Federal Transit Administration Takes on Environmental Justice and Civil Rights
This fall, the Federal Transit Administration (a division of the U.S. Department of Transportation) issued proposed policy guidance will set the stage for how transit agencies and other transit service providers will meet their important civil rights and environmental justice obligations.
The significance of this critical step for historically disinvested communities cannot be overlooked.
In the past several years, equity advocates in Los Angeles, Minneapolis / St. Paul, and the San Francisco Bay Area have successfully leveraged civil rights provisions to push for investigations of transit decisions that could disadvantage low-income communities and communities of color.
Today, there are several worrisome trends resulting from our nation’s current course of transit investment:
- Almost 70% of jobs in the 100 most populous U.S. metropolitan areas cannot be accessed via a 90-minute, one-way transit trip.
- Over 700,000 households in the 100 most populous U.S. metropolitan areas that lack access to a vehicle, also have no public transportation service available.
- Despite current record levels of transit ridership, in the past year, nearly 80 percent of transit agencies across the country have cut service, raised fares, or both.
With an eye towards the future (and an additional $10 billion of transit funding set to be distributed in 2012) a fresh look at the FTA’s civil rights and environmental justice guidance could not be more timely. Last week, PolicyLink joined 30 organizations in providing input on the FTA’s civil rights and environmental justice guidance. PolicyLink also prepared comments for the FTA that were focused on public engagement, which you can read here.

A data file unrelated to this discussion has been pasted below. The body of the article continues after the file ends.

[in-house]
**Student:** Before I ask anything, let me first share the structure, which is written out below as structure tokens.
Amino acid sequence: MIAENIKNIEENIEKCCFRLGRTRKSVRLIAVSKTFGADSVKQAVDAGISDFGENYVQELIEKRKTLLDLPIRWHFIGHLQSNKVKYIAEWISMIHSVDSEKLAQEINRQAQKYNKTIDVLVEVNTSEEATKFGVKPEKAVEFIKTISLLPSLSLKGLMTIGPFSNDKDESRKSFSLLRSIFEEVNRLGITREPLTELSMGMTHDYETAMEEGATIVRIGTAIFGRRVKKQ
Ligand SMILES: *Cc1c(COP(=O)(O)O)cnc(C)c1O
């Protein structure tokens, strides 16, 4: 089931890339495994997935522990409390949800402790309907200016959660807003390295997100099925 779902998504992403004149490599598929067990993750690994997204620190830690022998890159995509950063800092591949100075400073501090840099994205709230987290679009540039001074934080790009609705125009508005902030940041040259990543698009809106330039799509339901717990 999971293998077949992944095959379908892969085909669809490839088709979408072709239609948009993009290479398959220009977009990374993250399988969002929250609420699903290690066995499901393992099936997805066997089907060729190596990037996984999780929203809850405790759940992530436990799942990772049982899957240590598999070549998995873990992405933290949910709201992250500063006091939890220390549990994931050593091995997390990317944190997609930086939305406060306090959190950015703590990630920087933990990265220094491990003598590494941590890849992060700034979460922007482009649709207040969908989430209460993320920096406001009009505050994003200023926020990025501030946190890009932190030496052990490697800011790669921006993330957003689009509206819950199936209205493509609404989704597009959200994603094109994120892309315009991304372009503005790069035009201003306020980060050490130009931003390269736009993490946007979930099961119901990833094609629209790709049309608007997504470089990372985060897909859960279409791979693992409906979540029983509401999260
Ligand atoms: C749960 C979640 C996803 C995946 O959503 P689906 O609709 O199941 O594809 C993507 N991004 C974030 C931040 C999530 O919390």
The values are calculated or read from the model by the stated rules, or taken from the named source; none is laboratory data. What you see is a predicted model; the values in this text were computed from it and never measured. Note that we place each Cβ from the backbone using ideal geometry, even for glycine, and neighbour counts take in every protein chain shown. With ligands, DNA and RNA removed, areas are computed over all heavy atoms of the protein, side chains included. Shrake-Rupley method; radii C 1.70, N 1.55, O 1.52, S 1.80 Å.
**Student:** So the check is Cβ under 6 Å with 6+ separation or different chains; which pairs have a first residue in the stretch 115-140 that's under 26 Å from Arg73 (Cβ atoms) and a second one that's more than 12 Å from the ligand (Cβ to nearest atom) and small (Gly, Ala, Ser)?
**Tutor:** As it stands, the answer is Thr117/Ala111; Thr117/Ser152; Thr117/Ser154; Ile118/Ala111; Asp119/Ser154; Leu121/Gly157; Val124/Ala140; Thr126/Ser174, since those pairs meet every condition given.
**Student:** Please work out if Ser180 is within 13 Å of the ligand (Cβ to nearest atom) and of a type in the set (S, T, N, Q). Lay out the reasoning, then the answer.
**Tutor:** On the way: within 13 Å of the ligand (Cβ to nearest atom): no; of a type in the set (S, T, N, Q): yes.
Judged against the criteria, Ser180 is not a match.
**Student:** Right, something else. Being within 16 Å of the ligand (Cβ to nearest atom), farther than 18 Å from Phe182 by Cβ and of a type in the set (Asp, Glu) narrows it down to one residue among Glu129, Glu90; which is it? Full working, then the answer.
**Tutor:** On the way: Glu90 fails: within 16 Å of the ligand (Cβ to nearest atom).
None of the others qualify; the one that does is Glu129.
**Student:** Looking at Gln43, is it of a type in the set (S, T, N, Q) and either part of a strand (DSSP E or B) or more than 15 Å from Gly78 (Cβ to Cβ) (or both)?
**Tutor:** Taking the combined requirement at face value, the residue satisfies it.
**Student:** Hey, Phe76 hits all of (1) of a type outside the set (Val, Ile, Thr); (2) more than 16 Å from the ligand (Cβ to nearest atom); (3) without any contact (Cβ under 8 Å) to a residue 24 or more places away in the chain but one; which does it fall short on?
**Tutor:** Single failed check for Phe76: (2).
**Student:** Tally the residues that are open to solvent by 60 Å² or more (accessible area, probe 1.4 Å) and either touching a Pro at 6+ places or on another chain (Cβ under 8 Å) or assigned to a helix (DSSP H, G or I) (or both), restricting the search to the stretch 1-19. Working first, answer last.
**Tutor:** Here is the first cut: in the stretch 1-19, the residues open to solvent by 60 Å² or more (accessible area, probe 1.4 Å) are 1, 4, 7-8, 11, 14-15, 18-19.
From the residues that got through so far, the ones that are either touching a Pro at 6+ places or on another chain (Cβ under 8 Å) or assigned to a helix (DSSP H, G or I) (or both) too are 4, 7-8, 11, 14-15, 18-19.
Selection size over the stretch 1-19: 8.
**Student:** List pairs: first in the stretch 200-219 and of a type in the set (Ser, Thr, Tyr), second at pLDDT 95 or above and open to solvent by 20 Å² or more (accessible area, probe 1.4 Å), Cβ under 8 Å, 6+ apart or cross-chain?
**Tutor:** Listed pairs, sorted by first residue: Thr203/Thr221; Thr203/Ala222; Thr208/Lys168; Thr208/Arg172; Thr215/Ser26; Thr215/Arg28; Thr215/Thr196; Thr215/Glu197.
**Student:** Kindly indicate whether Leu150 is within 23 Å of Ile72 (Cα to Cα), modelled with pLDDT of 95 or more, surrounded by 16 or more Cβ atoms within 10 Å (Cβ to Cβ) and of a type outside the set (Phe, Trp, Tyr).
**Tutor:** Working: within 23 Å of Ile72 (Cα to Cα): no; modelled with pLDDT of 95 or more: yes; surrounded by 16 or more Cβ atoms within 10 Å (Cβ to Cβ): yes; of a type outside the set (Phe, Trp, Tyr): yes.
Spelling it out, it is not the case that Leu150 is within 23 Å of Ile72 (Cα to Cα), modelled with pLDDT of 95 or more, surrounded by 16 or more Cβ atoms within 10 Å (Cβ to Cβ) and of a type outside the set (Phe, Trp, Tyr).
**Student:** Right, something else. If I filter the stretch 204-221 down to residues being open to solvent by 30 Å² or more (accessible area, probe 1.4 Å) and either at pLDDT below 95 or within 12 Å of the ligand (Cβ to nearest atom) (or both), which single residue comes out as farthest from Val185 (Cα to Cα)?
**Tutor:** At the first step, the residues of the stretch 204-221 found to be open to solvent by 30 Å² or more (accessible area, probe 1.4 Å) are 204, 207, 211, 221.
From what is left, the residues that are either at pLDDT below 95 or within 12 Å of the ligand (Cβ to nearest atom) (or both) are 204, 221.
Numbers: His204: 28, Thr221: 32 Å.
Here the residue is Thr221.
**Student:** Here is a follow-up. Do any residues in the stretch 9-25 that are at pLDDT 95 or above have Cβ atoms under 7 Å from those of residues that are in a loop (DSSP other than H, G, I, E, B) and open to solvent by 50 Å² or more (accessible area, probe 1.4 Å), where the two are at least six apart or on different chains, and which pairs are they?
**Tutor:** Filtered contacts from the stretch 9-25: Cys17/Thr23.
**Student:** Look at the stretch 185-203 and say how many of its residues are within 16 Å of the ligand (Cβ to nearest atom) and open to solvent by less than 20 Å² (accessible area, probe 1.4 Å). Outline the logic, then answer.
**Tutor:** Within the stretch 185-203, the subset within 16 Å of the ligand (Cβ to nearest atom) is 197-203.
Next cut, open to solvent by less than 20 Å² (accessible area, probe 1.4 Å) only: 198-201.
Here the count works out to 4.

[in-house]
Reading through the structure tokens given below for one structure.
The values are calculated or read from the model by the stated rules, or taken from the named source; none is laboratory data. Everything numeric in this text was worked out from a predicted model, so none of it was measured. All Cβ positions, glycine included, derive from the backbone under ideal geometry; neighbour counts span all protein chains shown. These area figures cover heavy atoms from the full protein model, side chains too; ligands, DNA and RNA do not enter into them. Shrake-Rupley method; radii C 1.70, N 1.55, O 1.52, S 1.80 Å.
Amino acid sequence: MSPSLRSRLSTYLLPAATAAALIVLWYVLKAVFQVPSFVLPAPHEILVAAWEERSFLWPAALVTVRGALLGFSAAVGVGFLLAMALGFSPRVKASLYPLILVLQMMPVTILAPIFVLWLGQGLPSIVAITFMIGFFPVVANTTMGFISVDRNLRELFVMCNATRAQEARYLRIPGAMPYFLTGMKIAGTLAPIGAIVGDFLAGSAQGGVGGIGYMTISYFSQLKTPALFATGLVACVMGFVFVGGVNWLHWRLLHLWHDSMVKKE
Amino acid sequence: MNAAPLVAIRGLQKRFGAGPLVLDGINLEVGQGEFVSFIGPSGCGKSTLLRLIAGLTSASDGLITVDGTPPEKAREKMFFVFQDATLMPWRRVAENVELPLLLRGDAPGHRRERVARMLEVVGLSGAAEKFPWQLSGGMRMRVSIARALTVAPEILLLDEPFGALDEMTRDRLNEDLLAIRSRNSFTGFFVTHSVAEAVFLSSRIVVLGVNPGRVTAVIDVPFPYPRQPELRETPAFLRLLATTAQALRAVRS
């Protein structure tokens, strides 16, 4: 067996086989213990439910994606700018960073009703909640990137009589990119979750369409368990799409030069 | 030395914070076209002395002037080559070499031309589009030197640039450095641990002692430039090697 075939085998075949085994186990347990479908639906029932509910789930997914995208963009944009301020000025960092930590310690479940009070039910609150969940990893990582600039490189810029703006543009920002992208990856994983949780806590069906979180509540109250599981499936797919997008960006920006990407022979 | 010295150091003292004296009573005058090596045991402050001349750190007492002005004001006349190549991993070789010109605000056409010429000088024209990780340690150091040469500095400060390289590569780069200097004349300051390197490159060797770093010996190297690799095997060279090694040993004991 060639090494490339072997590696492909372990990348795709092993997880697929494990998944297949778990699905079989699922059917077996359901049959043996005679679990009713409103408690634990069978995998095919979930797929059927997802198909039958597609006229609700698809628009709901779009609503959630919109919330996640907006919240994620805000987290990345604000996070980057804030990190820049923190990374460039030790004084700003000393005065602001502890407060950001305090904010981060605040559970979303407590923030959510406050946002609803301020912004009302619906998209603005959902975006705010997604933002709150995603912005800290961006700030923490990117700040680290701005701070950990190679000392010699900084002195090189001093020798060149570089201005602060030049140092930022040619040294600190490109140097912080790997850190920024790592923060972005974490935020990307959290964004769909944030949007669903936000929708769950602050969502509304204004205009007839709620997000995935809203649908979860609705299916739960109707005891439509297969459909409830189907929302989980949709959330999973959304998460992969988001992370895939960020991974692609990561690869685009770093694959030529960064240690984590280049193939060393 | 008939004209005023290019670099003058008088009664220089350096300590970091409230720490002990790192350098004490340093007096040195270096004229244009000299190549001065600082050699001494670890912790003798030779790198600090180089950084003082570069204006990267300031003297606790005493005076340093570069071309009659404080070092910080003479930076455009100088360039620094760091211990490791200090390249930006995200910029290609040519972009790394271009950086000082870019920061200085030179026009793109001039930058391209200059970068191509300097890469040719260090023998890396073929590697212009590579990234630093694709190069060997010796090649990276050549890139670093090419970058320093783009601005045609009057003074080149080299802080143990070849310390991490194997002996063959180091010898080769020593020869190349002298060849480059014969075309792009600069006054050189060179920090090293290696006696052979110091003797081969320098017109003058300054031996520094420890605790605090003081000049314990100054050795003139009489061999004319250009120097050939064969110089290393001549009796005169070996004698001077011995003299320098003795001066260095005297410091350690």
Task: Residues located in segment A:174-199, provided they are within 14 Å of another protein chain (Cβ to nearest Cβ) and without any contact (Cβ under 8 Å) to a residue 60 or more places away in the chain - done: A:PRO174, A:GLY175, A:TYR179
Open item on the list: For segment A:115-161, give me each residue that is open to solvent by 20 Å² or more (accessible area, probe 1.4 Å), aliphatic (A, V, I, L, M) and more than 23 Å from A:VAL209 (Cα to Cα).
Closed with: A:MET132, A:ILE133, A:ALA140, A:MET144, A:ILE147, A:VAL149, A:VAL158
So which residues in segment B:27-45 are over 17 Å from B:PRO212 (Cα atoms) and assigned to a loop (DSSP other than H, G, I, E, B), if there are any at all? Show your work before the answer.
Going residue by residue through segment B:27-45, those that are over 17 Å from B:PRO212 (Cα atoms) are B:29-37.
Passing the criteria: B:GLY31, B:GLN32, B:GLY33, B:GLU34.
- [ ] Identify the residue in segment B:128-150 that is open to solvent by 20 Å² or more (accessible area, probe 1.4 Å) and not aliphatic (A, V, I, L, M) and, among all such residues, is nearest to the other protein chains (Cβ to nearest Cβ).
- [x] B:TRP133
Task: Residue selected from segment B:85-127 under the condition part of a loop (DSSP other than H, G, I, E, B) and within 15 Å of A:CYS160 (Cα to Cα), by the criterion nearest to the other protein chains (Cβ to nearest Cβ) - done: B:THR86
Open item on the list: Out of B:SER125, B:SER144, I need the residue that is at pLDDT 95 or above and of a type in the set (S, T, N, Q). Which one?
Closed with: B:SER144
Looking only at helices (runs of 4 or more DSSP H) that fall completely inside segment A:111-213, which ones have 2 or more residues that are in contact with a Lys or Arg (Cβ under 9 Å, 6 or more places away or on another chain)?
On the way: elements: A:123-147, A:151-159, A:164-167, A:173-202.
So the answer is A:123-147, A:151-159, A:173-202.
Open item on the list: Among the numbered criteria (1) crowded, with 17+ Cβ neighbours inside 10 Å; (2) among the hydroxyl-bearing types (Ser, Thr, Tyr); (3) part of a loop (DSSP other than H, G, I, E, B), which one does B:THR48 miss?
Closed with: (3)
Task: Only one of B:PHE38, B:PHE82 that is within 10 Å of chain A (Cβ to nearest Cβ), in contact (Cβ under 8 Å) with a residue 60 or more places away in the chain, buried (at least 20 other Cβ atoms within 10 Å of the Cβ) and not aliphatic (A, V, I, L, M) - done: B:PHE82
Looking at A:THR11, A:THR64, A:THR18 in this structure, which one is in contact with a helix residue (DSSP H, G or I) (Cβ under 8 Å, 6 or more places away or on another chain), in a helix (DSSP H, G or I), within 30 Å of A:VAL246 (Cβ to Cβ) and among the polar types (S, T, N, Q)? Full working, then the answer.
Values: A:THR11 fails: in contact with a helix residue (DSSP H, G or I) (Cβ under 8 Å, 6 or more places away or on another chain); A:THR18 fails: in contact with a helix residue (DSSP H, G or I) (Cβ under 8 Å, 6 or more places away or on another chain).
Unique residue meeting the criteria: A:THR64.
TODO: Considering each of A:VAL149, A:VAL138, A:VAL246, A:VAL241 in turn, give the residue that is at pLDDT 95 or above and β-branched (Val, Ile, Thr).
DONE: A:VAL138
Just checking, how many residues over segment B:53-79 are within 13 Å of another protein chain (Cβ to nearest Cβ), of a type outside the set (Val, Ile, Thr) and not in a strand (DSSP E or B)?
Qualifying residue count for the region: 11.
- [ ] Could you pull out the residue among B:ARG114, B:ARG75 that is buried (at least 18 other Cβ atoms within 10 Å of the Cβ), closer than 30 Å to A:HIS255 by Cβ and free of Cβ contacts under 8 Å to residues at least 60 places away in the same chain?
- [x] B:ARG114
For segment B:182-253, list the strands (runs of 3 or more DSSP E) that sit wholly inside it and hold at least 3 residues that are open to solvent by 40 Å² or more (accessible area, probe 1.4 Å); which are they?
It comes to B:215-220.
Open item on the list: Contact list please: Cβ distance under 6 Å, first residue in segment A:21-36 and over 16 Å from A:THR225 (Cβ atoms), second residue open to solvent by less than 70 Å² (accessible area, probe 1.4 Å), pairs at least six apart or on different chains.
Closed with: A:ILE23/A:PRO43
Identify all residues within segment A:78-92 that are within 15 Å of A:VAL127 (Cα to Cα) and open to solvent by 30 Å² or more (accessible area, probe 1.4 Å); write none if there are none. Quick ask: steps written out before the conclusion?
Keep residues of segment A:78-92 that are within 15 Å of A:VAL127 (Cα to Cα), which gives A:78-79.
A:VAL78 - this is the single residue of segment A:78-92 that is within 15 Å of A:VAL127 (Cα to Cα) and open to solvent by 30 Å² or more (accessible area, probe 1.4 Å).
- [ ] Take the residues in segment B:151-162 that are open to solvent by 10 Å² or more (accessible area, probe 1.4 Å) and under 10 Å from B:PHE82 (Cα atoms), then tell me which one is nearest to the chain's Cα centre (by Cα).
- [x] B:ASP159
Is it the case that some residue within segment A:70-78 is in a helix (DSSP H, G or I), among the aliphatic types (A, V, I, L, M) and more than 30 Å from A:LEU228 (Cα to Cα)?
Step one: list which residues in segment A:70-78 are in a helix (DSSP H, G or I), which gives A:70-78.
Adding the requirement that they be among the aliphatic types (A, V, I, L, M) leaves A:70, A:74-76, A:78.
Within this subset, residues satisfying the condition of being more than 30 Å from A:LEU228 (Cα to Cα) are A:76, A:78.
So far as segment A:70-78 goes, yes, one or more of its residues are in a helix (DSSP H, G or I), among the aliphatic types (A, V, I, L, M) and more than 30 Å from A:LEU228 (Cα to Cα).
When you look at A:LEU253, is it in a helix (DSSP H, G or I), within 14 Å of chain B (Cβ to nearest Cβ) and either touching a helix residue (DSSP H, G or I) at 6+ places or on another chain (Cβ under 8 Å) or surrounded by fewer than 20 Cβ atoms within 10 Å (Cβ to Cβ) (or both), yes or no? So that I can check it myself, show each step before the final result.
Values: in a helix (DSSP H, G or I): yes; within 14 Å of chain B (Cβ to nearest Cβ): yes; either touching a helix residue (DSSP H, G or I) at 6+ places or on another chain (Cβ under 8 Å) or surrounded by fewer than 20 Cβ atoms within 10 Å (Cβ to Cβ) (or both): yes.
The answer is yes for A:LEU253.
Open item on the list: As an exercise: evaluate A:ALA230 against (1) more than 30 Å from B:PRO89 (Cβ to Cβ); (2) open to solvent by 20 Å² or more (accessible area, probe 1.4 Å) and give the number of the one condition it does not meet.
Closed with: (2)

We believe the FTA has an important opportunity to leverage its public transportation investments in ways that allow all Americans to participate and prosper. We hope that the FTA will work to quickly implement input from equity advocates who have been lifting up this important issue.
Did your organization submit comments on FTA’s proposed civil rights and environmental justice policy guidance? If so, please share the link with us and leave your comments below.
For information on how to join with the dozens of other organizations working to advance more equitable federal transportation policies in the U.S., please visit the website of the Equity Caucus at Transportation for America.